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Time resolution and the study of Late Cretaceous and Early Tertiary megafloras

  • Kirk R. Johnson (a1)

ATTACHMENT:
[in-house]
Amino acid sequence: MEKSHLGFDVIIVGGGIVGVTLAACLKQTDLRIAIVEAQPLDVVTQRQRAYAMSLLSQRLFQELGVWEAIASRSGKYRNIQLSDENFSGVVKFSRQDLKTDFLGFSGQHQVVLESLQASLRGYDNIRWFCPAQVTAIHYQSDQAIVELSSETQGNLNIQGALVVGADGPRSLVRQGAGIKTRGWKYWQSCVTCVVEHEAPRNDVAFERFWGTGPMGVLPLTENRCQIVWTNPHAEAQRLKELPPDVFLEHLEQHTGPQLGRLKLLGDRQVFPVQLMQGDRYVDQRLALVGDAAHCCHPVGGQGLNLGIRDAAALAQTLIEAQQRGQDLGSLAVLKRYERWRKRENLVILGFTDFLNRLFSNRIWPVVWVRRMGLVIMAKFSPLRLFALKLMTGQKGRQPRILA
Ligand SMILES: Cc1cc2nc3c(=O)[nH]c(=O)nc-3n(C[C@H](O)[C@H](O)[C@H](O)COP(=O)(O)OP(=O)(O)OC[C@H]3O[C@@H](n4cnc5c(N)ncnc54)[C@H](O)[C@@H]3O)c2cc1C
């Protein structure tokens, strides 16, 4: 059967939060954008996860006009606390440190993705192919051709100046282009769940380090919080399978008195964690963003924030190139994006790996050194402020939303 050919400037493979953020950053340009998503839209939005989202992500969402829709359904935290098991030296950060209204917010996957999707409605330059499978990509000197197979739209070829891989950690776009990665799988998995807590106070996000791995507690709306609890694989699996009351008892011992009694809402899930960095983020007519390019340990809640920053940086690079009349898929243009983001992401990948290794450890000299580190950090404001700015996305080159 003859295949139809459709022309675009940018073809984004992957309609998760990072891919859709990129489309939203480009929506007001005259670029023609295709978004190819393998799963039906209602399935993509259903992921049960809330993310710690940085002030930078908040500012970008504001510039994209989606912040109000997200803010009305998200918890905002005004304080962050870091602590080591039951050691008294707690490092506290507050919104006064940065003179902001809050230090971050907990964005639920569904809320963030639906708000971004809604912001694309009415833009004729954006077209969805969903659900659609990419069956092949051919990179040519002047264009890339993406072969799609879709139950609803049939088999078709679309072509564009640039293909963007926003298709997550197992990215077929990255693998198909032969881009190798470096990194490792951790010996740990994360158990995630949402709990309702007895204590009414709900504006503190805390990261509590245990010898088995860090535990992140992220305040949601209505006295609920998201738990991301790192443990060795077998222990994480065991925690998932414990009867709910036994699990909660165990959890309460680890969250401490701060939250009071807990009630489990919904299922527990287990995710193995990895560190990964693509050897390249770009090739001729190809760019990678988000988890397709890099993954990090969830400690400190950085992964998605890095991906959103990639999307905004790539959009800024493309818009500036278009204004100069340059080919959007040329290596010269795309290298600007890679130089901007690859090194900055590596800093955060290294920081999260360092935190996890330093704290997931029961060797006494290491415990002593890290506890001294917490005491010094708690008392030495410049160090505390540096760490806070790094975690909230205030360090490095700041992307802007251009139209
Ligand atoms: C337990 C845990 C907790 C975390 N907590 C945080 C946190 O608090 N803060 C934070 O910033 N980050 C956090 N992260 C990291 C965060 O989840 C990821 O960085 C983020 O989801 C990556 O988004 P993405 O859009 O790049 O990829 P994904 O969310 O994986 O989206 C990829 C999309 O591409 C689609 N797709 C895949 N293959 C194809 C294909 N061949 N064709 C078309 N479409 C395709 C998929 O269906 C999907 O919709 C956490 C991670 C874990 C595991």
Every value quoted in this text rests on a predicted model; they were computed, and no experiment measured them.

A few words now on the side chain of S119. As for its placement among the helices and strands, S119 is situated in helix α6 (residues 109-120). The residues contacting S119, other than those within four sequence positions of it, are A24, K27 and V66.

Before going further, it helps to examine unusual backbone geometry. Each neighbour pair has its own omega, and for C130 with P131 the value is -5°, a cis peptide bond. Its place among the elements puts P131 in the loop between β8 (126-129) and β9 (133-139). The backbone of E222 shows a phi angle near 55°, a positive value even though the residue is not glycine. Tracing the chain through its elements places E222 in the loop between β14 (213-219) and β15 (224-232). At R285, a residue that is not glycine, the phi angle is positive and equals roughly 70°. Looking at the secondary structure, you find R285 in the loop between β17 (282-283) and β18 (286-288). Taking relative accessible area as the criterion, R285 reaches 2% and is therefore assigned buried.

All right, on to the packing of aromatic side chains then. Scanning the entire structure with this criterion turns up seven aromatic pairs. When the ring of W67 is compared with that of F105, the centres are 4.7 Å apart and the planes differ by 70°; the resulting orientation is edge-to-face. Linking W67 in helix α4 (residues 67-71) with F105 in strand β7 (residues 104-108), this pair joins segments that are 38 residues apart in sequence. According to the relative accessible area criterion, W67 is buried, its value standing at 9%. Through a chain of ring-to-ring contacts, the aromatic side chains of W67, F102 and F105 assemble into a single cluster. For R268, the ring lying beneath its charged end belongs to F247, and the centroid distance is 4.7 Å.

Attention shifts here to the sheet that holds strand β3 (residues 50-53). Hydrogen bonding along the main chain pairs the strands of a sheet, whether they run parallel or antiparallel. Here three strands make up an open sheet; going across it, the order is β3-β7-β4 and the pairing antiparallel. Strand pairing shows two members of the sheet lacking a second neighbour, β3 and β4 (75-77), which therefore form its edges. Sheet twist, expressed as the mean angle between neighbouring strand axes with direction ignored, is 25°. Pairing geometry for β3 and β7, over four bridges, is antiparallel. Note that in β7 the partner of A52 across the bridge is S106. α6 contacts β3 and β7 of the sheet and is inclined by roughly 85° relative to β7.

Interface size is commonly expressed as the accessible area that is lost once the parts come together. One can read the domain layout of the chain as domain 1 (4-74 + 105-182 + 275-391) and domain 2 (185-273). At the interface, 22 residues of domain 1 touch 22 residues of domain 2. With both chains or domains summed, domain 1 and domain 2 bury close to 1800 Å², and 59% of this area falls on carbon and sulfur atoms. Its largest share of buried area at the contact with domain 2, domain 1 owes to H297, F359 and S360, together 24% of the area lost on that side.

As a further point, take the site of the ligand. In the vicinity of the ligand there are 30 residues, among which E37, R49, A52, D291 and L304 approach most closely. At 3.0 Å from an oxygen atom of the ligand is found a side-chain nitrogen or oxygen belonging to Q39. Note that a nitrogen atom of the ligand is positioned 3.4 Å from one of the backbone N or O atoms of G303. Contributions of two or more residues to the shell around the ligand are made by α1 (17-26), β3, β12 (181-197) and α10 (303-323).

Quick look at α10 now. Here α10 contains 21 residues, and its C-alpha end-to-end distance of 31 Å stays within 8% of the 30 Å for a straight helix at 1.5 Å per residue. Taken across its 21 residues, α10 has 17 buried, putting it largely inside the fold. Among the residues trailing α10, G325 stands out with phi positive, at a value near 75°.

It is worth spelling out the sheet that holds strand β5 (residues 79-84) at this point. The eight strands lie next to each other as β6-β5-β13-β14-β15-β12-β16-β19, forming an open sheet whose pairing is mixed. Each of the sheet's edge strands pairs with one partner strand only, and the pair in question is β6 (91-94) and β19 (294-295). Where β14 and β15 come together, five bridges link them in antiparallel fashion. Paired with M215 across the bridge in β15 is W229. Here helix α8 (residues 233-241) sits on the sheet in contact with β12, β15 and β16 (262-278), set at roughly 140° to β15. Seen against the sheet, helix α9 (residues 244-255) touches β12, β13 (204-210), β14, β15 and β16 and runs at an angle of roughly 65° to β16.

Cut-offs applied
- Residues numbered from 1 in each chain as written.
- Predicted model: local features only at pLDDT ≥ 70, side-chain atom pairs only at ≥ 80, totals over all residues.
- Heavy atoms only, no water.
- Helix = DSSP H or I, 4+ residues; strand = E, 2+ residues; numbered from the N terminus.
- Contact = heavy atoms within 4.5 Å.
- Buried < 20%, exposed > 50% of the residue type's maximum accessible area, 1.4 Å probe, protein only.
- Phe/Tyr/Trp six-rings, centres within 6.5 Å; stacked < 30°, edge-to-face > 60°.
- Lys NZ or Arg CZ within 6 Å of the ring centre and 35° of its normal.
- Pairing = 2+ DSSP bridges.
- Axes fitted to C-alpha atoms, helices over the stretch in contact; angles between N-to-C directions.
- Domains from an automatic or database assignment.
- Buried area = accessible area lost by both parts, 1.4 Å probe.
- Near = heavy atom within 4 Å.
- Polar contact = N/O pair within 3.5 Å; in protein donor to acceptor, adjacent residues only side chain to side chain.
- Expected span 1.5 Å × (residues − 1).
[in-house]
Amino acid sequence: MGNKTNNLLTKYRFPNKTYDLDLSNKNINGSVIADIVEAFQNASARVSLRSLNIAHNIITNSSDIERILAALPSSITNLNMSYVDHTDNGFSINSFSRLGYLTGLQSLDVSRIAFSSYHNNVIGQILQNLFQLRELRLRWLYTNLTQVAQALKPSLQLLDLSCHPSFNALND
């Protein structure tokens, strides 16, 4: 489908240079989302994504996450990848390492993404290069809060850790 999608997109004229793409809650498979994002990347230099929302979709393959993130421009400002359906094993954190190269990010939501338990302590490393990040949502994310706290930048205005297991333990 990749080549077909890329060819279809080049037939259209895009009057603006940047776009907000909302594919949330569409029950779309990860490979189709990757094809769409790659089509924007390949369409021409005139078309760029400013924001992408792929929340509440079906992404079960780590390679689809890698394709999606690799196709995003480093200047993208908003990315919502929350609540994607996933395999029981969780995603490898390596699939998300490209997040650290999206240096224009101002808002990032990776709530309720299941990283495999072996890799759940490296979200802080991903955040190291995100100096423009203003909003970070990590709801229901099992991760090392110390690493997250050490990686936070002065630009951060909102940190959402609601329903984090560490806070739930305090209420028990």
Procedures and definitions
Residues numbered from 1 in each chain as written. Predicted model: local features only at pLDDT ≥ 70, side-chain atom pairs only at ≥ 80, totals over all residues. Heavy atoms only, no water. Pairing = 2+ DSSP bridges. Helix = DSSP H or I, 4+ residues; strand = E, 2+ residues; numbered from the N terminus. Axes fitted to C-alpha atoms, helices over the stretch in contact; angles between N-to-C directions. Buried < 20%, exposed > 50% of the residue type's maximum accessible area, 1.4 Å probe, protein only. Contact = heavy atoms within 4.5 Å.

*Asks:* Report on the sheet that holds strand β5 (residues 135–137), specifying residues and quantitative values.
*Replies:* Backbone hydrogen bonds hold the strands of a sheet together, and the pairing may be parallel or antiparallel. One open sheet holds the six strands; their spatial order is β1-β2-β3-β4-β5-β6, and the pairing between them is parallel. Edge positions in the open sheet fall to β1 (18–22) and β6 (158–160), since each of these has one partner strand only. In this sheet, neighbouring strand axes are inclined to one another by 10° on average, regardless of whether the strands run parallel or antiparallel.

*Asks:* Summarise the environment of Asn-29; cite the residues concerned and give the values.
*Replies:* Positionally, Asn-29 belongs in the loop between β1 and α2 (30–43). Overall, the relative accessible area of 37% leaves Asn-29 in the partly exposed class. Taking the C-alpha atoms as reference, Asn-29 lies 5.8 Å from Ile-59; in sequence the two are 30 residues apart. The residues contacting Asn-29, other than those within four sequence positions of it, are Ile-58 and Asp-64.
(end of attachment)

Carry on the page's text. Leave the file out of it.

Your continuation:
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In this paper, I discuss issues of time resolution and time-averaging in fossil megafloras from Late Cretaceous (Cenomanian) to Oligocene age. The sites are predominantly from North America with some examples from other continents. The purpose of this paper is to explicate the methods used to resolve the age and duration of fossil floras and to discuss the uncertainties associated with these methods. The age of floras is most important for their evolutionary, paleoclimatic and paleoaltitudinal applications, while the duration of floras (here defined as the time represented by individual assemblages, florules, or quarries) is critical for paleoecological and paleoenvironmental applications. Levels of time resolution of both the age and the duration of fossil floras are subject to time-averaging. Behrensmeyer et al. (1992, p. 75) have defined two types of time-averaging: analytical time-averaging which is artificial and results from techniques of analysis and taphonomic time-averaging which is natural and results from the taphonomic history of the assemblage.

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